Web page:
The road to Bubbling Well Pet Memorial Park in Napa, California, follows a range of twists and turns up a rocky, sparsely vegetated hillside. Eventually, a row of trees shading a series of sweeping glens appears, along with a pair of imposing gates. At first glance, Bubbling Well—which was immortalized in the 1978 Errol Morris film Gates of Heaven and features a burbling fountain to back up the name—looks like an ordinary cemetery, but a closer look reveals the graves are actually for cats, dogs, the occasional rabbit, and a few other species.
I came to Bubbling Well to explore the wide, and growing, world of pet death care. According to the American Veterinary Medical Association, some 30 percent of U.S. households have cats, and 36 percent have dogs—that adds up to a lot of animal remains every year. Pet guardians may spend time thinking about where their pets go when they die on a more metaphysical level, but the question of what happens to the remains of Fido and Fluffy at the end of their lives is one that’s been vexing humans for millennia.
“Disposition,” as the industry euphemistically describes what to do with the body, has evolved into a large industry that will bury or cremate your pet, sell you a headstone or urn, and even outfit your animal with a lavish casket. For some grieving pet owners, the combined costs can climb into the thousands—though for most, still below the $7,000 to $10,000 median human funeral cost. But while the options were once limited to burial in a backyard or abandonment at the vet’s for disposal, pet owners now can access a spectrum of services that rivals—and sometimes exceeds—those available to humans.
Burial is certainly the most traditional of options, one that has a long history in the human-animal relationship. The oldest known pet burial is a 14,000-year-old grave in Bonn-Overkassel in Germany that contains the remains of two humans and a domesticated dog. But growing urbanization has made backyard burials more unusual, especially with many people moving house frequently and not wanting to leave the late Lassie behind.
The response: pet cemeteries. In the United States, Hartsdale Pet Cemetery, the oldest pet cemetery in the country, has been home to variety of deceased animals, including a lion cub, since 1896. But purchasing a plot for your pet in one of nearly 700 pet cemeteries across the United States is just the beginning.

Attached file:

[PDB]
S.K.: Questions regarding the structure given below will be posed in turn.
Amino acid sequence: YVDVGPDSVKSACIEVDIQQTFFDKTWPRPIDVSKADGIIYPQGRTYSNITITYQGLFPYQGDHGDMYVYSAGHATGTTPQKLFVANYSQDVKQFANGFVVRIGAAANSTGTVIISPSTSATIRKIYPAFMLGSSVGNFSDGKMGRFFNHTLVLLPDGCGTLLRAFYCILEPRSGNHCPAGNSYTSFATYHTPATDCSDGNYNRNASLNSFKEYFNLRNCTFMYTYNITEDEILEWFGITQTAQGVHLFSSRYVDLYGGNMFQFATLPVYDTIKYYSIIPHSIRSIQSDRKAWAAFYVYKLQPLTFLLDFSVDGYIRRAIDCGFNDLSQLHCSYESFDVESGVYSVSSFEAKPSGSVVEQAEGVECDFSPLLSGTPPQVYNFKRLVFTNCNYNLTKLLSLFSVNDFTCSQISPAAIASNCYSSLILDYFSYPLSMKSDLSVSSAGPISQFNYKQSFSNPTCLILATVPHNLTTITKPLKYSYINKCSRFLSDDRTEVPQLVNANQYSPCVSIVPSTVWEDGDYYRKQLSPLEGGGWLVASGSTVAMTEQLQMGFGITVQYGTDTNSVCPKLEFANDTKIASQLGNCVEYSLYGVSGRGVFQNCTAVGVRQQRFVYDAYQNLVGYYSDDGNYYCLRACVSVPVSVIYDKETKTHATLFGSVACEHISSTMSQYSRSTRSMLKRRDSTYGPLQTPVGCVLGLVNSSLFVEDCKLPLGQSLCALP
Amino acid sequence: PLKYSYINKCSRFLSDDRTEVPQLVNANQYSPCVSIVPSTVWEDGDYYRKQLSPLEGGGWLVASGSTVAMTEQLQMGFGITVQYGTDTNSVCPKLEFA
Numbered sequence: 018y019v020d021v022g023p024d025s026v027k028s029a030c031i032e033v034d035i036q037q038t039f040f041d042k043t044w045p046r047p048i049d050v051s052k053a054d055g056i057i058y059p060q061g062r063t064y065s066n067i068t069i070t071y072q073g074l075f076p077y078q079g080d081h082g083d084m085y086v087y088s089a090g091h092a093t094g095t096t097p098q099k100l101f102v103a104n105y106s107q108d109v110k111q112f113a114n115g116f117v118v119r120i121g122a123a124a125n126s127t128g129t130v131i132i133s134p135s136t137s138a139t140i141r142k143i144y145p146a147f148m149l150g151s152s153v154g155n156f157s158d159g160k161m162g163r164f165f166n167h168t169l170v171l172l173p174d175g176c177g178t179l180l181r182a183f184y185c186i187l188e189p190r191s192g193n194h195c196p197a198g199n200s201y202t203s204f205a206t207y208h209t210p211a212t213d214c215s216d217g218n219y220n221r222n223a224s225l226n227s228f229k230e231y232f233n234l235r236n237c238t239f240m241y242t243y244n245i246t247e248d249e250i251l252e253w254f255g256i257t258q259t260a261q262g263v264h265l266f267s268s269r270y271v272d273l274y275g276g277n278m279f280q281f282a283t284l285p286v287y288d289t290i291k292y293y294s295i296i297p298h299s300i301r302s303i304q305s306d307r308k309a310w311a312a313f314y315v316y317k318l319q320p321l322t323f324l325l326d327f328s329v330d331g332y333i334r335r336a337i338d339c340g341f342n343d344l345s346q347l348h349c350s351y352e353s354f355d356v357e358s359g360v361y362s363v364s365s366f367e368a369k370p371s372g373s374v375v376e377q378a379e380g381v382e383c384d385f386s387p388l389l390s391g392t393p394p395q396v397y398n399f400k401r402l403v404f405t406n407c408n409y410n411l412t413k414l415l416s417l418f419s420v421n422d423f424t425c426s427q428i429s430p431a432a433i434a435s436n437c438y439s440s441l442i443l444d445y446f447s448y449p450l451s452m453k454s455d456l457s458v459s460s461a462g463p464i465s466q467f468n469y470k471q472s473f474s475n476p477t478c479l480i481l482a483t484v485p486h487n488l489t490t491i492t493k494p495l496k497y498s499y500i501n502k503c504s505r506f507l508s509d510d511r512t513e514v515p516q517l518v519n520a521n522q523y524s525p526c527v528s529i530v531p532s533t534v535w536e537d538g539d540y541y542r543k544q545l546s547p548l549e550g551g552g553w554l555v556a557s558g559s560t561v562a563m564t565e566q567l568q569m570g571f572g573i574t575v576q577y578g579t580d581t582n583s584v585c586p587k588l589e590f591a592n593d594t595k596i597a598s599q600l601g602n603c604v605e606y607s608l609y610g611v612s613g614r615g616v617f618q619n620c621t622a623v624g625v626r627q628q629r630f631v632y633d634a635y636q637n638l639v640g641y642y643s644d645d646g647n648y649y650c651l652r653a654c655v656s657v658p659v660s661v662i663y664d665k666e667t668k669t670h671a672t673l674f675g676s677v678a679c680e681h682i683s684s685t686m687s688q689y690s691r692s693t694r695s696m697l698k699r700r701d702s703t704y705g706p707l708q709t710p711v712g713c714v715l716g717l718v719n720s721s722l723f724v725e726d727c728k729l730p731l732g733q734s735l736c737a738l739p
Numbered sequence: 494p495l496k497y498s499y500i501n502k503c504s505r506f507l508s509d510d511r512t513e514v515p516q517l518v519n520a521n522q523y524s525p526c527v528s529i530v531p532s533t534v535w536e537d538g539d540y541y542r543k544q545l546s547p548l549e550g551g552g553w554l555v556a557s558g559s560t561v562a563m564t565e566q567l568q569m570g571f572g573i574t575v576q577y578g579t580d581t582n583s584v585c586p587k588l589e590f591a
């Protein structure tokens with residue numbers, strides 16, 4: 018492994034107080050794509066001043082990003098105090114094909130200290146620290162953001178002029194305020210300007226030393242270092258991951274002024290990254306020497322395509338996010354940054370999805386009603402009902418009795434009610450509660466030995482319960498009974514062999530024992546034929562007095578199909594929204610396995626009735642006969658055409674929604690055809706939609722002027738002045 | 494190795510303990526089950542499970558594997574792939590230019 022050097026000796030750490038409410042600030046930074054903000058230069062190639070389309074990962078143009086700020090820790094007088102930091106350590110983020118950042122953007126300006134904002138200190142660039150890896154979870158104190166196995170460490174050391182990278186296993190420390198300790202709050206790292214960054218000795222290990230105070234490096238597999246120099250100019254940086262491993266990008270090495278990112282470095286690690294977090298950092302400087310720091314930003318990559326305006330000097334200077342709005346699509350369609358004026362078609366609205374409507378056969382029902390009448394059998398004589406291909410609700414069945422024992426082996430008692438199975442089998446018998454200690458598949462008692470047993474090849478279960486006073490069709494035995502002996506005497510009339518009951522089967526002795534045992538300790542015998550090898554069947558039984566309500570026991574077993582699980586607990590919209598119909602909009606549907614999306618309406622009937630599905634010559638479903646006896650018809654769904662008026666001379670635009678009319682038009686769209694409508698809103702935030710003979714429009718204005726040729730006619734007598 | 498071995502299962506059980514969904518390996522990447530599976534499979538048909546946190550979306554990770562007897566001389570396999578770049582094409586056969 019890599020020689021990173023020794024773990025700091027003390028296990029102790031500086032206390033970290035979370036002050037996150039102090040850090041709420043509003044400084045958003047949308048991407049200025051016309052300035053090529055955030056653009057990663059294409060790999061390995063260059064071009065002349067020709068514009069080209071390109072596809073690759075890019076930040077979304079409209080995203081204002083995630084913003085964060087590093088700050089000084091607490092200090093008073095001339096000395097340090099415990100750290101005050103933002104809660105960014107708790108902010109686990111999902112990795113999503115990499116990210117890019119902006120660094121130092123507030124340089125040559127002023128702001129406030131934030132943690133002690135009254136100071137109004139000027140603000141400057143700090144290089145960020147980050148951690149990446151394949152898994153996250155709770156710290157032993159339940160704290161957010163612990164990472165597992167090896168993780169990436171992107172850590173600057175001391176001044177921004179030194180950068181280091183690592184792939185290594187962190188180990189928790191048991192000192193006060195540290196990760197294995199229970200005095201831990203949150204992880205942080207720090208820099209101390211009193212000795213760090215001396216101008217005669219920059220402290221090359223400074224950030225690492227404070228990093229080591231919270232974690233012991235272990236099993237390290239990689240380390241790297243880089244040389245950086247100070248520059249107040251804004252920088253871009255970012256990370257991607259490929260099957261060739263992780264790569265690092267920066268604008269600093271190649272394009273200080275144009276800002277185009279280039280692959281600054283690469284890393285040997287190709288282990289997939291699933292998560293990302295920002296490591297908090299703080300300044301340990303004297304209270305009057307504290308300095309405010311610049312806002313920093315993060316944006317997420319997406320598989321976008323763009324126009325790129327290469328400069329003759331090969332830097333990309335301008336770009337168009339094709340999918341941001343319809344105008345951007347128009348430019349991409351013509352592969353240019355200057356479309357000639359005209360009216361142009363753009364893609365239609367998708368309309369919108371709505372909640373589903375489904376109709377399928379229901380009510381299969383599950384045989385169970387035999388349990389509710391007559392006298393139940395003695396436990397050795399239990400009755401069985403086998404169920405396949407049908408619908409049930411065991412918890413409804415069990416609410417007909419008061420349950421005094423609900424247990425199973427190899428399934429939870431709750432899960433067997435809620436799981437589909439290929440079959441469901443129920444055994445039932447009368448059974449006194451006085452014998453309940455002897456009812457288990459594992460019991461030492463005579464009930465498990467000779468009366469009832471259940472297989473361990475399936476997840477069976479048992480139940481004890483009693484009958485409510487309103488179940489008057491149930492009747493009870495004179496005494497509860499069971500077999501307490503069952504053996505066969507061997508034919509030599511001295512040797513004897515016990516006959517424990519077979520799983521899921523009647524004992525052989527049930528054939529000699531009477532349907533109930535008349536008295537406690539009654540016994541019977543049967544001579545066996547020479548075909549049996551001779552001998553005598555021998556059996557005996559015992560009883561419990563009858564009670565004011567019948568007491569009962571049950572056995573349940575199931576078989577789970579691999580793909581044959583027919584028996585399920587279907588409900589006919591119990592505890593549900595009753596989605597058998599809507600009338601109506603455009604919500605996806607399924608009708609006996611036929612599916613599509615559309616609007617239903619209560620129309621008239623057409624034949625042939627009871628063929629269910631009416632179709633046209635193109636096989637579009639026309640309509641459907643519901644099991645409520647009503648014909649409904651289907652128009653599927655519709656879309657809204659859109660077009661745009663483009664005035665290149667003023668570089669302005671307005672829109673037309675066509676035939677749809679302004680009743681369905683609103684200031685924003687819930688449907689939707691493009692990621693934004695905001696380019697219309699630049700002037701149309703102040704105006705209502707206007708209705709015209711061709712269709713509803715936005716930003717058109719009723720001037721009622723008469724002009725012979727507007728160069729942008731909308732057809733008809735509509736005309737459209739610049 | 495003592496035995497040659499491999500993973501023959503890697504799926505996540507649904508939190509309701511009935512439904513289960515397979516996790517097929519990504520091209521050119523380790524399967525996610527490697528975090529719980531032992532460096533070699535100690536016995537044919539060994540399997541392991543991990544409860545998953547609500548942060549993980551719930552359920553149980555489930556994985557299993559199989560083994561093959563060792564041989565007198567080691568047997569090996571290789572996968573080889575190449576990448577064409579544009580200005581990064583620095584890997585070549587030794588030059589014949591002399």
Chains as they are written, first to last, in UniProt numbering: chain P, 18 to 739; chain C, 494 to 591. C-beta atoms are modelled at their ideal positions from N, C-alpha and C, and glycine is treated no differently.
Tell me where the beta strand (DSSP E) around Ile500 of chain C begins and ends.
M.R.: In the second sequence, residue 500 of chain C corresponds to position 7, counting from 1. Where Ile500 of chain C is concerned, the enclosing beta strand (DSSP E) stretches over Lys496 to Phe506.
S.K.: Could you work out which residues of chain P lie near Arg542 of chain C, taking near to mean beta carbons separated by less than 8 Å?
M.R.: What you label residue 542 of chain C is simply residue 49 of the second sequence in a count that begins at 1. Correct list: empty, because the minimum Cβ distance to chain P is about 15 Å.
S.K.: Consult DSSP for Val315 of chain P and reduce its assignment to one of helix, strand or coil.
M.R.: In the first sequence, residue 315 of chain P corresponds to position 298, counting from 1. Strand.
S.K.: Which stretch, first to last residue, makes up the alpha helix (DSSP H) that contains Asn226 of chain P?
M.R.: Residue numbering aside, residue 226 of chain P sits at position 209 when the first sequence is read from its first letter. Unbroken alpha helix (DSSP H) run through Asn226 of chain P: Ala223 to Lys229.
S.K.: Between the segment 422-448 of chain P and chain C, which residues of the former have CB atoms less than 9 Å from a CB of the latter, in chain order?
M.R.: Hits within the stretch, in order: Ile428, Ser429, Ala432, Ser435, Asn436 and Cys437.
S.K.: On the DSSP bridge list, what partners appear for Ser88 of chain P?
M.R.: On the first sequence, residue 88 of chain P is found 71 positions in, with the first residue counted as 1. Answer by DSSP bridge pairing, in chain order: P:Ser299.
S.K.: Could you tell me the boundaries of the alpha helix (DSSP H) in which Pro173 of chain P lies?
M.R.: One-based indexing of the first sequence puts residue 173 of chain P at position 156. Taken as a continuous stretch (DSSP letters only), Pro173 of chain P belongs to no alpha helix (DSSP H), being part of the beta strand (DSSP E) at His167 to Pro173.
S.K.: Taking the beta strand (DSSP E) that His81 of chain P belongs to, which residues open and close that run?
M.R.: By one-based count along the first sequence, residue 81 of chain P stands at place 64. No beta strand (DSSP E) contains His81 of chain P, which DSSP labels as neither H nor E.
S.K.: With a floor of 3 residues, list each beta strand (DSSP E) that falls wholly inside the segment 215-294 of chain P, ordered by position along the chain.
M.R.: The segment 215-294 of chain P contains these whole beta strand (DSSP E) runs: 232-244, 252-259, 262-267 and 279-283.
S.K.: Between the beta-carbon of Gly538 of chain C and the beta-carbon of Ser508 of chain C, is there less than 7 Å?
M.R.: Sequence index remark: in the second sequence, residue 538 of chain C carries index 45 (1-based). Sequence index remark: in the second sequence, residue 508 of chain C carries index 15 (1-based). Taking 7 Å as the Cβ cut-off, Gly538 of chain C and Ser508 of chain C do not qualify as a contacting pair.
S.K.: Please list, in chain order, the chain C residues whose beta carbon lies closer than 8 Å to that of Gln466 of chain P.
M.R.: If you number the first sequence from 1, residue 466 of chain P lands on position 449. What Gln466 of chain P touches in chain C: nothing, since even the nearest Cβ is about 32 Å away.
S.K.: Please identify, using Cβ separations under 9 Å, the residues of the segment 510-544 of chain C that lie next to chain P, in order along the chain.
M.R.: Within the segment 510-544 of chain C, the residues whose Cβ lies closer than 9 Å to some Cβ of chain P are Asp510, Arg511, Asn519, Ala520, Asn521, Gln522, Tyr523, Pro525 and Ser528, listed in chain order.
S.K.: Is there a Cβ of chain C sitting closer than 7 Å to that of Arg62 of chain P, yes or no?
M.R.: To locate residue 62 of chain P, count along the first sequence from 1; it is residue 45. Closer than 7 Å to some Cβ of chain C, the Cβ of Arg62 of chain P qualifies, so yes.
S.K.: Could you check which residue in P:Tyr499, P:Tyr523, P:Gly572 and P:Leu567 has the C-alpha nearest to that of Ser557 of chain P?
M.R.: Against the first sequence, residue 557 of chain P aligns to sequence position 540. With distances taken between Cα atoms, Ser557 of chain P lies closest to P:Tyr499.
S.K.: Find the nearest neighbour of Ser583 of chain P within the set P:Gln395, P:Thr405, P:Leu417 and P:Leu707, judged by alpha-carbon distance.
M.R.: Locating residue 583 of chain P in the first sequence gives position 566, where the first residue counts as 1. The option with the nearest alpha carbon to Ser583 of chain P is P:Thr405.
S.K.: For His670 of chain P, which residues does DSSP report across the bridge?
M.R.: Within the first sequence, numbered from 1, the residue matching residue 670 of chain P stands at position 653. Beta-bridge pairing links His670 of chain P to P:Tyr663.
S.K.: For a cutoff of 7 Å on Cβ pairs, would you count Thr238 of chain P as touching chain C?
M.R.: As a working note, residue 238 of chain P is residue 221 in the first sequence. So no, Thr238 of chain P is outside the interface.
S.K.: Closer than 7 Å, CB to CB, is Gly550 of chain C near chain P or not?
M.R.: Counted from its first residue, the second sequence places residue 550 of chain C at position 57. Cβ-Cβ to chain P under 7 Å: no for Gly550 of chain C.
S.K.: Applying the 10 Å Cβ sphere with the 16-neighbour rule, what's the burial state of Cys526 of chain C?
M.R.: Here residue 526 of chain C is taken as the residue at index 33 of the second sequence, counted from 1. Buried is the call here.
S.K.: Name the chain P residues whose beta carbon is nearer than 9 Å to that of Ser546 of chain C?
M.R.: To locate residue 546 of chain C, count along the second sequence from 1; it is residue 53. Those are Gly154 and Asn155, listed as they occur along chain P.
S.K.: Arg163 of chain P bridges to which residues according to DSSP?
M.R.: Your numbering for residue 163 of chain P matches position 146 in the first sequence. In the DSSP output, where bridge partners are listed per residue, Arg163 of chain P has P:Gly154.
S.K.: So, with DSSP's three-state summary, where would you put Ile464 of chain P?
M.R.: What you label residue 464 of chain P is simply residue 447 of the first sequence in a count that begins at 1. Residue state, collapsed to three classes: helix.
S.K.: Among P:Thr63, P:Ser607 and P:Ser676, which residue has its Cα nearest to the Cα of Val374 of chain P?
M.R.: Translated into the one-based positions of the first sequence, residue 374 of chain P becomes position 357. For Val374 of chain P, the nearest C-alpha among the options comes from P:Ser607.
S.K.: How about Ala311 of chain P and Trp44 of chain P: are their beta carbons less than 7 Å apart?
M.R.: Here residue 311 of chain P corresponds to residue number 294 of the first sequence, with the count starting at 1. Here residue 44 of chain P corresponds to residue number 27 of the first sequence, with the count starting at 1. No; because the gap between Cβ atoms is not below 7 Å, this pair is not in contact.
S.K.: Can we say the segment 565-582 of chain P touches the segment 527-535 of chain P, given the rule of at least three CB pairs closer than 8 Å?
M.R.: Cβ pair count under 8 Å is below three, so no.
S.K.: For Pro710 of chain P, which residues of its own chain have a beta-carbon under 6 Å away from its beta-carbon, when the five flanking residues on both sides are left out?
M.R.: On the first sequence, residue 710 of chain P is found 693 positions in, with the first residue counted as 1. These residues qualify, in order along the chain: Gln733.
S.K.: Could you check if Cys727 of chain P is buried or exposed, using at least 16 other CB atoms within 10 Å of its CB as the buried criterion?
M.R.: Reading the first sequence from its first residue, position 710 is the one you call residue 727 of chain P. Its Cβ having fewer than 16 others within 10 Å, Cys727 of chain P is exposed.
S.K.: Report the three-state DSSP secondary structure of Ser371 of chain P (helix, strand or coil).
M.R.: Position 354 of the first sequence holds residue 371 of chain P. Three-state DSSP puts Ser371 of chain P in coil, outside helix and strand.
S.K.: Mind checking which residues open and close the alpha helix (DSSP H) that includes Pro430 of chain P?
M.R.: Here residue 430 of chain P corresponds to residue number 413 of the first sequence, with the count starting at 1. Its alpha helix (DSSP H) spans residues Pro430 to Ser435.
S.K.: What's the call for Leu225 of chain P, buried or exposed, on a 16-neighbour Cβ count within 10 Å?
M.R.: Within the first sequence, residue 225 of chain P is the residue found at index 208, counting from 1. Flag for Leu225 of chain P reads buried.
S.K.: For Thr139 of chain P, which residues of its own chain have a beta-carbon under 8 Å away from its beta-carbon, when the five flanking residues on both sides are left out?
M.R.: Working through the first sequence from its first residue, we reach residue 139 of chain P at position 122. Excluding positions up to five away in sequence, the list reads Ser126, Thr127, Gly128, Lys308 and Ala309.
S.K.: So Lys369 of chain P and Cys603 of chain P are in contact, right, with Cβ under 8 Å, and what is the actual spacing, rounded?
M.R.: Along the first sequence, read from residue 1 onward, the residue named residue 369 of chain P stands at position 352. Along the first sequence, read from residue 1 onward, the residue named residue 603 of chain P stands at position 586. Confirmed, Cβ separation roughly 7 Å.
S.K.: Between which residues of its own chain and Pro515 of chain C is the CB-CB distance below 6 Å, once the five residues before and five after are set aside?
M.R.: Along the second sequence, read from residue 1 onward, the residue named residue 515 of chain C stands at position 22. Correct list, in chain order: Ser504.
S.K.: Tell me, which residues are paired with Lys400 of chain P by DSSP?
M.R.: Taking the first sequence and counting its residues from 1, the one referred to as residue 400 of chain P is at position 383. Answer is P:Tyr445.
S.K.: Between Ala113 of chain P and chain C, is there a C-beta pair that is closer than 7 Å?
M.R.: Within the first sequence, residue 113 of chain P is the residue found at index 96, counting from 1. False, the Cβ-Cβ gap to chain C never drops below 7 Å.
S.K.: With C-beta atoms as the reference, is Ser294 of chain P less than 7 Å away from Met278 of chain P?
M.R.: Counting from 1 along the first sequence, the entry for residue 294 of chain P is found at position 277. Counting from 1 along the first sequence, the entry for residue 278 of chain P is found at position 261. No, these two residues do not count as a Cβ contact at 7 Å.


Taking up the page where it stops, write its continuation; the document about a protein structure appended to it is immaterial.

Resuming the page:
Perusing pet headstones at Bubbling Well reveals that some families spend thousands of dollars on elaborate laser-etched headstones, while others opt for simple handmade markers. Many of those headstones are bedecked in flowers, and the remains underneath may be shrouded in plastic or fabric, or encased in wood, metal, or biodegradable caskets. Embalming, while a popular option for human funerals, is not as common when it comes to animal companions, according to Donna Shugart-Bethune, Executive Director of the International Association of Pet Cemeteries and Crematories. This is partly because of cost and partly because many facilities aren’t equipped to perform the process.
Since cemetery plots can cost hundreds of dollars, some pet guardians turn to the less expensive option of cremation. There are two primary kinds of cremation: “group,” wherein the ashes of a single animal are mixed with the ashes of others, or the more pricey “private,” which ensures the only ashes you receive are the ashes of your companion.
But here lies another parallel to the human death industry. When people started turning to cremation as a low-cost option for their human loved ones, the industry pivoted to catch up with elaborate urns, costly columbarium niches, and delightfully kitschy “memorials”—so it should come as no surprise to learn that the pet funeral industry has done the same. These days, a grieving guardian can store their beloved pet’s ashes in a German Shepherd-shaped urn, a statue of an unsettlingly dyspeptic-looking bronze cat in a basket, or a ceramic paw-print plaque.